For instructions on how to apply, please see: PhD Studentships: UKRI Centre for Doctoral Training in Socially Intelligent Artificial Agents.
- Dale Barr: School of Psychology
- Mary Ellen Foster: School of Computing Science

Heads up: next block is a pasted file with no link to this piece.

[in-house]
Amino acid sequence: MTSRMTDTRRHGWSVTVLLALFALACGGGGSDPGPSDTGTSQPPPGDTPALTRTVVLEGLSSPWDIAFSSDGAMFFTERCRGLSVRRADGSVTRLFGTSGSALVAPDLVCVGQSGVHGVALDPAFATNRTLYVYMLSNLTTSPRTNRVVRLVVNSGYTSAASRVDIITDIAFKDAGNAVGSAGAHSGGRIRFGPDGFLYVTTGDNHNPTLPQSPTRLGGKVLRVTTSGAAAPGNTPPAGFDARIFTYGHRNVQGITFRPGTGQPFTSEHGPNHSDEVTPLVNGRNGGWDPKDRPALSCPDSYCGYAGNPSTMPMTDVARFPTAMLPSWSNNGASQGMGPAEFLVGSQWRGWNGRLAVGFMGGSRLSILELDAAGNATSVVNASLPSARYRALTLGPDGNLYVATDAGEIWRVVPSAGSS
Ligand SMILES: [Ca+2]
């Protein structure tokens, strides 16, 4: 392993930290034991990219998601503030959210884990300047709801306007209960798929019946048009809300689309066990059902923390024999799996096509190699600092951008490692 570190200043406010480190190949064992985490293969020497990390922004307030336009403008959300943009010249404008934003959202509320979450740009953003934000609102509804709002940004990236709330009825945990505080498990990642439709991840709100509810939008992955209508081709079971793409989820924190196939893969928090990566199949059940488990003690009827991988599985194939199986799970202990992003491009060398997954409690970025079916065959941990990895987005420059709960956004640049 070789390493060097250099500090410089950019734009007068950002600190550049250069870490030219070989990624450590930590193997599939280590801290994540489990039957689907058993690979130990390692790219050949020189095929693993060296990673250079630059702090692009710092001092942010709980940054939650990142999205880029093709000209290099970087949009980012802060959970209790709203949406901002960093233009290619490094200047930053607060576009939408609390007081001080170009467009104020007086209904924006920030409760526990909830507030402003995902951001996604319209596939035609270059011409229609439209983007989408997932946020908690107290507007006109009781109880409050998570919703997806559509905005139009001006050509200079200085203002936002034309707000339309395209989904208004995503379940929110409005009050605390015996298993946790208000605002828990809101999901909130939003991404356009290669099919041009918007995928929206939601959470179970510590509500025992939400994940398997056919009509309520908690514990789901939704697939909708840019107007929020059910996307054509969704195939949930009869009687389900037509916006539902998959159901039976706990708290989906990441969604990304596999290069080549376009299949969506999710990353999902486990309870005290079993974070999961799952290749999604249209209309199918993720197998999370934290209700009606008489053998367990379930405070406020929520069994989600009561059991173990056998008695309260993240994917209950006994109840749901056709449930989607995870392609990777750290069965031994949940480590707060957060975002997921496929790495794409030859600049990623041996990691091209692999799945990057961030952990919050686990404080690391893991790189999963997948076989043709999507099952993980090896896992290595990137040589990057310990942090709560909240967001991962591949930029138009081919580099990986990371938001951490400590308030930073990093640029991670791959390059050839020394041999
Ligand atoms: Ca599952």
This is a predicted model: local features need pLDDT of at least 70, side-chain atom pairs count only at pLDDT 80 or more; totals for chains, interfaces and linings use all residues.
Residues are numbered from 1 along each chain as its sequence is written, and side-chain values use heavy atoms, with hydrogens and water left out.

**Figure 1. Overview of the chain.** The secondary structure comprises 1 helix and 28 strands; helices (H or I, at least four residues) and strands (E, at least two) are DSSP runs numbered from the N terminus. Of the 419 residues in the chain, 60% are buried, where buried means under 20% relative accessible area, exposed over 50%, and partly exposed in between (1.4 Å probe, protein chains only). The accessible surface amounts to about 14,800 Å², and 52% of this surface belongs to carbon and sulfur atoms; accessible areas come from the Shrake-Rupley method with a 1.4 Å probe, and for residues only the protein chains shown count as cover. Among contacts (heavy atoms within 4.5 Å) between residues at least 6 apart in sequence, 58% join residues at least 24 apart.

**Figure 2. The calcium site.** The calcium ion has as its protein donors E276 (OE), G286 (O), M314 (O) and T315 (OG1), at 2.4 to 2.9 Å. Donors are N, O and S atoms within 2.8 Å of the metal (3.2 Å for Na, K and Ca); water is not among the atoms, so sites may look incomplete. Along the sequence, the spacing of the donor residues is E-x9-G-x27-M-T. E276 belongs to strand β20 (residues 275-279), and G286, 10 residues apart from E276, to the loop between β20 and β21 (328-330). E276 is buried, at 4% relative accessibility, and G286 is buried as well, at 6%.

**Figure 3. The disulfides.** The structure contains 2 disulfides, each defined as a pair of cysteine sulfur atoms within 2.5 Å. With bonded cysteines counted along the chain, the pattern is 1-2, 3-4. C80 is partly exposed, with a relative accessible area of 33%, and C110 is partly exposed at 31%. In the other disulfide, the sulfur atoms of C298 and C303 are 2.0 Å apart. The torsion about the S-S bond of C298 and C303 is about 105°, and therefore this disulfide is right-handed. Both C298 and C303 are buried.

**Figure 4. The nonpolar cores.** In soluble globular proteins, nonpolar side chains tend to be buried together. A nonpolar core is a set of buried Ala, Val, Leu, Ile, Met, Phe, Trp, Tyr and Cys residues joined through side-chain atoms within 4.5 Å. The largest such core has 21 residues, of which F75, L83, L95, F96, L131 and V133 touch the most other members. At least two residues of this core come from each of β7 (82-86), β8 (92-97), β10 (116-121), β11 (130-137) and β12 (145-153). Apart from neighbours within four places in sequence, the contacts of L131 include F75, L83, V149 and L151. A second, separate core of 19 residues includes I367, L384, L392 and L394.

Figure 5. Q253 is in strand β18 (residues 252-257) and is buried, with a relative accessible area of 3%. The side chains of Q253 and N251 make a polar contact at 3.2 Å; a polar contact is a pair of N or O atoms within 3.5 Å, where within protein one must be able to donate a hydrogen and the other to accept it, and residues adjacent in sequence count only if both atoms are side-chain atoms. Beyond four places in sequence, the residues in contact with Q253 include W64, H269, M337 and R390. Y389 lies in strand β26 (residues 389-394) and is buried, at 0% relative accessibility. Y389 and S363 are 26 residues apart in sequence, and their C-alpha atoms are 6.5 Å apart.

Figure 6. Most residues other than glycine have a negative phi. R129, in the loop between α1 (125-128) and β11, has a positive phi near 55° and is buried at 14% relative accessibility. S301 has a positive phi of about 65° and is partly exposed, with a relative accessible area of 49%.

Human social interaction is increasingly mediated by technology, with many of the signals present in traditional face-to-face interaction being replaced by digital representations (e.g., avatars, nameplates, and emojis). To communicate successfully, participants in a conversational interaction must keep track of the identities of their co-participants, as well as the “common ground” they share with each—the dynamically changing set of mutually held beliefs, knowledge, and suppositions. Perceptual representations of interlocutors may serve as important memory cues to shared information in communicative interaction (Horton & Gerrig, 2016; O’Shea, Martin, & Barr, in press). Our main question concerns how digital representations of users across different interaction modalities (text, voice, video chat) influence the development of and access to common ground during communication. To examine the impact of digital user representations on real-time language production and comprehension, the project will use a variety of behavioral methods including visual world eye-tracking (Tanenhaus, et al. 1995), latency measures, as well as analysis of speech/text content. In the first phase of the project, we will examine how well people can keep track of who said what during a discourse depending on the abstract versus rich nature of user representations (e.g., from abstract symbols to dynamic avatar-based user representations), and how these representations impact people’s ability to tailor messages to their interlocutors, as well as to correctly interpret a communicator’s intended meaning. For example, in one such study, we will test participants’ ability to track “conceptual pacts” (Brennan & Clark, 1996) with a pair of interlocutors during an interactive task where each partner appears (1) through a video stream; (2) as an animated avatar; or (3) as a static user icon. In the second phase, we will examine whether the nature of the user representation during encoding affects the long-term retention of common ground information. In support of the behavioural experiments, this project will also involve developing a range of conversational agents, both embodied and speech-only, and defining appropriate behaviour models to allow those agents to take part in the studies. The defined behaviour will incorporate both verbal interaction as well as non-verbal actions, to replicate the full richness of human face-to-face conversation (Foster, 2019; Bavelas et al., 1997). Insights and techniques developed during the project are intended to improve interfaces for computer-mediated human communication.